For males during puberty, testosterone, along with gonadotropins released by the pituitary gland, stimulates spermatogenesis, along with the full sexual distinction of a human male from a human female, while women are acted upon by estrogens and progesterone to produce their sexual differences from the human male.

Masculinity

David von Michelangelo
Michelangelo's David is the classical image of youthful male beauty in Western art.
Model-sixpack
A German male model showing a muscular body with sixpack, example of masculinity

Masculinity has its roots in genetics (see gender).[4][5] Therefore, while masculinity looks different in different cultures, there are common aspects to its definition across cultures. In the past, and still among traditional and non-Western cultures, the most common and definitive sign of becoming a man is getting married.[6] Modern American manhood is less tied to marriage itself, but some qualities traditionally associated with it, such as the "triple Ps" of protecting, providing, and procreating, are still considered signs of having achieved manhood.[6][7]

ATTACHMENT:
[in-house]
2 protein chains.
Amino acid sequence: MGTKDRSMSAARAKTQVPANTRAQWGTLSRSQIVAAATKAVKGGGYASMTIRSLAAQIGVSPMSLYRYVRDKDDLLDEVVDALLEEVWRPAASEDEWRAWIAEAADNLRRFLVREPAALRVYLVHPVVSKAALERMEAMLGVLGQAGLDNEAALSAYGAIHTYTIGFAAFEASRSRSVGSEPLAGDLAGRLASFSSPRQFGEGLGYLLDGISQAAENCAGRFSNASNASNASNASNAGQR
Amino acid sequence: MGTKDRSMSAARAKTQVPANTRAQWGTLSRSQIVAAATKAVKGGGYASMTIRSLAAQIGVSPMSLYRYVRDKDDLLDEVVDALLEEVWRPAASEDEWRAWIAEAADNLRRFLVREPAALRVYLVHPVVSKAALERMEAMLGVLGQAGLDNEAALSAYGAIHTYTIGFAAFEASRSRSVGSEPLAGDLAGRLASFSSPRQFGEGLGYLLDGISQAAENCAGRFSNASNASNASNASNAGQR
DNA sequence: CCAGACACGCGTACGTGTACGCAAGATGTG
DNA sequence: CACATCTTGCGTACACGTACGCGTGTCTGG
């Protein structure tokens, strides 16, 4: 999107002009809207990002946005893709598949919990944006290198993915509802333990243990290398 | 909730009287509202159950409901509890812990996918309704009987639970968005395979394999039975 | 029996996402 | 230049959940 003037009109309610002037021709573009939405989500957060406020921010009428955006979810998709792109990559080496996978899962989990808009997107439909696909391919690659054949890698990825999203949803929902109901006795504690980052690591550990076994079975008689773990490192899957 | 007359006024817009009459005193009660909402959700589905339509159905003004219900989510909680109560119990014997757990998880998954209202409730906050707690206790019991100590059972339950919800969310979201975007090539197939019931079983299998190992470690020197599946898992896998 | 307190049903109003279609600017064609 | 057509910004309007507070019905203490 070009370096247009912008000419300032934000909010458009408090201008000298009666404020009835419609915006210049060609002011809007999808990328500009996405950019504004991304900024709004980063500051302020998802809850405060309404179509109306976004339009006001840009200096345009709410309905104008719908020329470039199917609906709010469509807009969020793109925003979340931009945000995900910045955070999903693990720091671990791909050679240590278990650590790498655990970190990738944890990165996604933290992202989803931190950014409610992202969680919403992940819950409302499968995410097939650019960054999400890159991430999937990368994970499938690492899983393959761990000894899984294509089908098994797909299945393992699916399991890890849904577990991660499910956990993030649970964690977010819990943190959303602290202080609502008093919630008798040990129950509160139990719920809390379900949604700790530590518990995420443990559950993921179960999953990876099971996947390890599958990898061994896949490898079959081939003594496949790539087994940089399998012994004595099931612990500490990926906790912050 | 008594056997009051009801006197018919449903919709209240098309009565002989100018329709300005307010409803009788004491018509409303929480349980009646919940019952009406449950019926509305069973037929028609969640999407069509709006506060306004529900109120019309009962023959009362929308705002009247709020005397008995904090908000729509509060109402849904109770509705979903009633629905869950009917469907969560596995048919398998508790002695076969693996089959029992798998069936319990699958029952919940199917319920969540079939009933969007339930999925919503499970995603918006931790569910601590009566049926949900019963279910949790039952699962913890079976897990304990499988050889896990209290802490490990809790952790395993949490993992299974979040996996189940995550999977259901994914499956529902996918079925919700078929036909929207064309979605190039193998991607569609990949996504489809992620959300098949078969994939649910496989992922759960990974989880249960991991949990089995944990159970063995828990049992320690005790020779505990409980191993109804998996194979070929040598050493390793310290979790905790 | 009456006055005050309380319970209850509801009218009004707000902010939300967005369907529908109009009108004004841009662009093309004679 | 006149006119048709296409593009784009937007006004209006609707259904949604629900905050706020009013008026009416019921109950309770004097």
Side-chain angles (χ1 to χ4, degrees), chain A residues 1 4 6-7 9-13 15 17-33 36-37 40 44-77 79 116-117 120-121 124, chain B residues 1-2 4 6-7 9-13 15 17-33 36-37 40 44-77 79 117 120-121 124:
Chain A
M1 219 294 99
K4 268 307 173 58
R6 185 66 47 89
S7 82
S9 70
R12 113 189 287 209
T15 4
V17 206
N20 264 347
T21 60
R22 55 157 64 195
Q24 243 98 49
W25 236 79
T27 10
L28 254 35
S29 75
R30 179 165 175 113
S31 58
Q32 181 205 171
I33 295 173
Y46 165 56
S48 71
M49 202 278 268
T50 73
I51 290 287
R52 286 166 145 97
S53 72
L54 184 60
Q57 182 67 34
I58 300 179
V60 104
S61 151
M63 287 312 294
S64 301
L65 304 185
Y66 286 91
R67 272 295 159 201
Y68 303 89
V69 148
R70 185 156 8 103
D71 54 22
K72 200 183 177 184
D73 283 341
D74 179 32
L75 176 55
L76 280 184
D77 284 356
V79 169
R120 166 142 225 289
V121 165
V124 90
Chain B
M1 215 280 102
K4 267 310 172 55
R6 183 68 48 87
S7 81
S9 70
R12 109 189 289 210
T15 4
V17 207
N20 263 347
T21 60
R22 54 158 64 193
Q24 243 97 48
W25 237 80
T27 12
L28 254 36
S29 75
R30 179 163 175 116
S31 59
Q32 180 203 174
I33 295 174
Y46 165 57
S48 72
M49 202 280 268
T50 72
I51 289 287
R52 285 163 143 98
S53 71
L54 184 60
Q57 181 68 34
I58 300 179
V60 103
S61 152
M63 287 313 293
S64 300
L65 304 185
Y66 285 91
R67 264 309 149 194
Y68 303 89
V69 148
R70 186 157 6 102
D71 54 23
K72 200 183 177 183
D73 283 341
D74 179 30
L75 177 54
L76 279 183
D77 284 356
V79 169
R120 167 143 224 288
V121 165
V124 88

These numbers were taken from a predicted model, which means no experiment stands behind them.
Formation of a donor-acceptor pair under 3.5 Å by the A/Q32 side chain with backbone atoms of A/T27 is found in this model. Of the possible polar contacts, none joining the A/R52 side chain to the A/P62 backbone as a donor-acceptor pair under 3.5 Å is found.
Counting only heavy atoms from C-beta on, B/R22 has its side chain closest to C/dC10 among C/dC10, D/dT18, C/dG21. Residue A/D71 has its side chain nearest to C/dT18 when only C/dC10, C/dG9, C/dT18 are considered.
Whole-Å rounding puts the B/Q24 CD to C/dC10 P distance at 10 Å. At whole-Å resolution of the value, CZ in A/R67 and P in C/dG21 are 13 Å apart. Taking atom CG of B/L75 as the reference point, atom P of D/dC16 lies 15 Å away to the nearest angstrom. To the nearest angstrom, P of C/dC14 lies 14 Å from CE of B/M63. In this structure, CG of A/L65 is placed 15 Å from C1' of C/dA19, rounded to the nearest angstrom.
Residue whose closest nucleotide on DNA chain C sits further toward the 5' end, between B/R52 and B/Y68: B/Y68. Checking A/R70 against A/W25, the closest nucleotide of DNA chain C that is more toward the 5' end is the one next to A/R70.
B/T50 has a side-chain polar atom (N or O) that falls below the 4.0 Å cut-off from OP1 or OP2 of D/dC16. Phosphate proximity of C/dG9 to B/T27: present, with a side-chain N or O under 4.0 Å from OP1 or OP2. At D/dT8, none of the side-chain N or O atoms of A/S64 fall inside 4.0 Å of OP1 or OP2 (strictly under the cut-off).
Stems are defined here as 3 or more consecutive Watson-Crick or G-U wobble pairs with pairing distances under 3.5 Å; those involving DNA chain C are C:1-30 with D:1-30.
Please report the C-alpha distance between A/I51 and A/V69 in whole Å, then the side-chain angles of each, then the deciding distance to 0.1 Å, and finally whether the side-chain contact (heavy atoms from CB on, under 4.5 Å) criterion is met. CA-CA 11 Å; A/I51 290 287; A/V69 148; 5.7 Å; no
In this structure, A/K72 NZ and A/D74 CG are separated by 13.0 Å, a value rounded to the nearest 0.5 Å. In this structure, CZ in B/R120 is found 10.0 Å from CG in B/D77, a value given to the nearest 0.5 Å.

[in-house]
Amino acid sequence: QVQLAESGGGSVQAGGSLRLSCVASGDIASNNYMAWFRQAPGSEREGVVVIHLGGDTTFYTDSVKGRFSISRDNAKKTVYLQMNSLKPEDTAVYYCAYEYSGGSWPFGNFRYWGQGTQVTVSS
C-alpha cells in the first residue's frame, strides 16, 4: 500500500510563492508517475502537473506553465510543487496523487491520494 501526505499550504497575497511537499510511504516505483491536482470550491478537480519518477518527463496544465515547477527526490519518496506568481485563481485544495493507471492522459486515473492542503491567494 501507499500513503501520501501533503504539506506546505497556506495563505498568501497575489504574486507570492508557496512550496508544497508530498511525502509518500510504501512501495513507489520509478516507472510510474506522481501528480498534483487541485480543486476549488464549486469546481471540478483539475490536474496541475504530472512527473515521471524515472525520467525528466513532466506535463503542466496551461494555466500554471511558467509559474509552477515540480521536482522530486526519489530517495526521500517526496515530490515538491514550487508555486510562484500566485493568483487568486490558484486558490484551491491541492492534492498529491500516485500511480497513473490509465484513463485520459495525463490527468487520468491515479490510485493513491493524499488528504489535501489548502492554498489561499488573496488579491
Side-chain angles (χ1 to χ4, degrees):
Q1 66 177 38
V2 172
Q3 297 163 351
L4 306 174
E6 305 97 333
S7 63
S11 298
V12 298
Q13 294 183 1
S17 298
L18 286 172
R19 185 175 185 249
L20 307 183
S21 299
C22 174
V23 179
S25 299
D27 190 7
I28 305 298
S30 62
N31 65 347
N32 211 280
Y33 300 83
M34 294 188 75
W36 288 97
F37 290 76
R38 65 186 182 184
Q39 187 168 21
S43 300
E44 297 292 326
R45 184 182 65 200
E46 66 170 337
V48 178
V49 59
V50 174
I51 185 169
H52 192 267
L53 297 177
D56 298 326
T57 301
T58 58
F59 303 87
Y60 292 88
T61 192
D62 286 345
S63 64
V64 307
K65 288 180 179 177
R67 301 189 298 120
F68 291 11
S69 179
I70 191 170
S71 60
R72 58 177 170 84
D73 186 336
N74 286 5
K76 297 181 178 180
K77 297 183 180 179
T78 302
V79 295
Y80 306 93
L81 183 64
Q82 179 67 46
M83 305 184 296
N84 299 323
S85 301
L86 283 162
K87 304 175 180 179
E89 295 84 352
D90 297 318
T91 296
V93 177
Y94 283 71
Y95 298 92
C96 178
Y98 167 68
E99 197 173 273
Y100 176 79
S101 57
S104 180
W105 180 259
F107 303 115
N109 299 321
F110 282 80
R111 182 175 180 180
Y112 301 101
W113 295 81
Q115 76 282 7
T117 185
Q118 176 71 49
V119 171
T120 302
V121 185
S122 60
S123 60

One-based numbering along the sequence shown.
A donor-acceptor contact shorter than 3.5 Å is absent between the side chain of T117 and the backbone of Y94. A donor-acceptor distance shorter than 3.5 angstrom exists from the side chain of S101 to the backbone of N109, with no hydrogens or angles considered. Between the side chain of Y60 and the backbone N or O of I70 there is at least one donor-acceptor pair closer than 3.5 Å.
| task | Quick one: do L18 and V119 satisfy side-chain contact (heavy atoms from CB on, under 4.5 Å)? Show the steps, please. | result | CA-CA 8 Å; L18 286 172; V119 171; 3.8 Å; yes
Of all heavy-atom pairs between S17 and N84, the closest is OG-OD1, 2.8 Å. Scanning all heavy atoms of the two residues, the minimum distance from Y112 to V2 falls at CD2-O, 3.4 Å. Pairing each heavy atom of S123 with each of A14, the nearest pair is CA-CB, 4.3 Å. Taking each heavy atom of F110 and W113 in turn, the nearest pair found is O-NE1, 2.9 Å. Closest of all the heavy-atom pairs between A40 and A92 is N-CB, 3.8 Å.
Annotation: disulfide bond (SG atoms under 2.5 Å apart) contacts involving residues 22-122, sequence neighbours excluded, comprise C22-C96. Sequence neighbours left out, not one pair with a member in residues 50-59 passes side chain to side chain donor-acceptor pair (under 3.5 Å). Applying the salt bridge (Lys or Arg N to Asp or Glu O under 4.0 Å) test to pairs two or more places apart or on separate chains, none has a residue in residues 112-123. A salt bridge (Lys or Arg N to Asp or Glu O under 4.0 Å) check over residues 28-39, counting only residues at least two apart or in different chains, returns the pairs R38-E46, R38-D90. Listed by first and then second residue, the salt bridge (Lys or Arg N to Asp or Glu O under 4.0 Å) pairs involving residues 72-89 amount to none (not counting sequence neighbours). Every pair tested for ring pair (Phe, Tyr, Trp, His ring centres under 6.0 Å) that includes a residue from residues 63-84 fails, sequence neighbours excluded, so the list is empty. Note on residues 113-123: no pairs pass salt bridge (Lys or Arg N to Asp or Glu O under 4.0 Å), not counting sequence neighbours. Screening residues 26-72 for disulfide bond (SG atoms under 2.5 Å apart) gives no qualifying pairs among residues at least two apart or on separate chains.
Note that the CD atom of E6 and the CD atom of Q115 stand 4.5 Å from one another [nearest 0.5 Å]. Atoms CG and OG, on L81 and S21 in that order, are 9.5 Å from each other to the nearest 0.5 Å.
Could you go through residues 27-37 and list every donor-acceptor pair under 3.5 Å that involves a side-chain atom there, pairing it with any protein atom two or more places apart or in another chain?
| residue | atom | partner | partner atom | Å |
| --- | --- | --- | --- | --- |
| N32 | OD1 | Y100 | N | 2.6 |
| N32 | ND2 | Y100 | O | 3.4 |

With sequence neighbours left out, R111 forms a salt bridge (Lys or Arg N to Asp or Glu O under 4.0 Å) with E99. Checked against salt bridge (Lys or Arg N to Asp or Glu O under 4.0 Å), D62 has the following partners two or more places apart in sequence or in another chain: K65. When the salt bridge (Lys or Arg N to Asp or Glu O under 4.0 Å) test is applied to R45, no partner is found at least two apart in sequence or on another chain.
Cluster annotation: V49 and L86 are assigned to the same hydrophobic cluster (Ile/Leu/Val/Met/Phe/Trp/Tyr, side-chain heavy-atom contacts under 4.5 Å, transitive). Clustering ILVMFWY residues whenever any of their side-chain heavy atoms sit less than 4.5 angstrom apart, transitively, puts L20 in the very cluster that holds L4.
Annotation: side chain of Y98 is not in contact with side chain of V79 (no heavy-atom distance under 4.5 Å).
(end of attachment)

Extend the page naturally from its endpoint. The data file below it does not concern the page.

Sometimes gender scholars will use the phrase "hegemonic masculinity" to distinguish the most dominant form of masculinity from other variants. In the mid-twentieth century United States, for example, John Wayne might embody one form of masculinity, while Albert Einstein might be seen as masculine, but not in the same "hegemonic" fashion.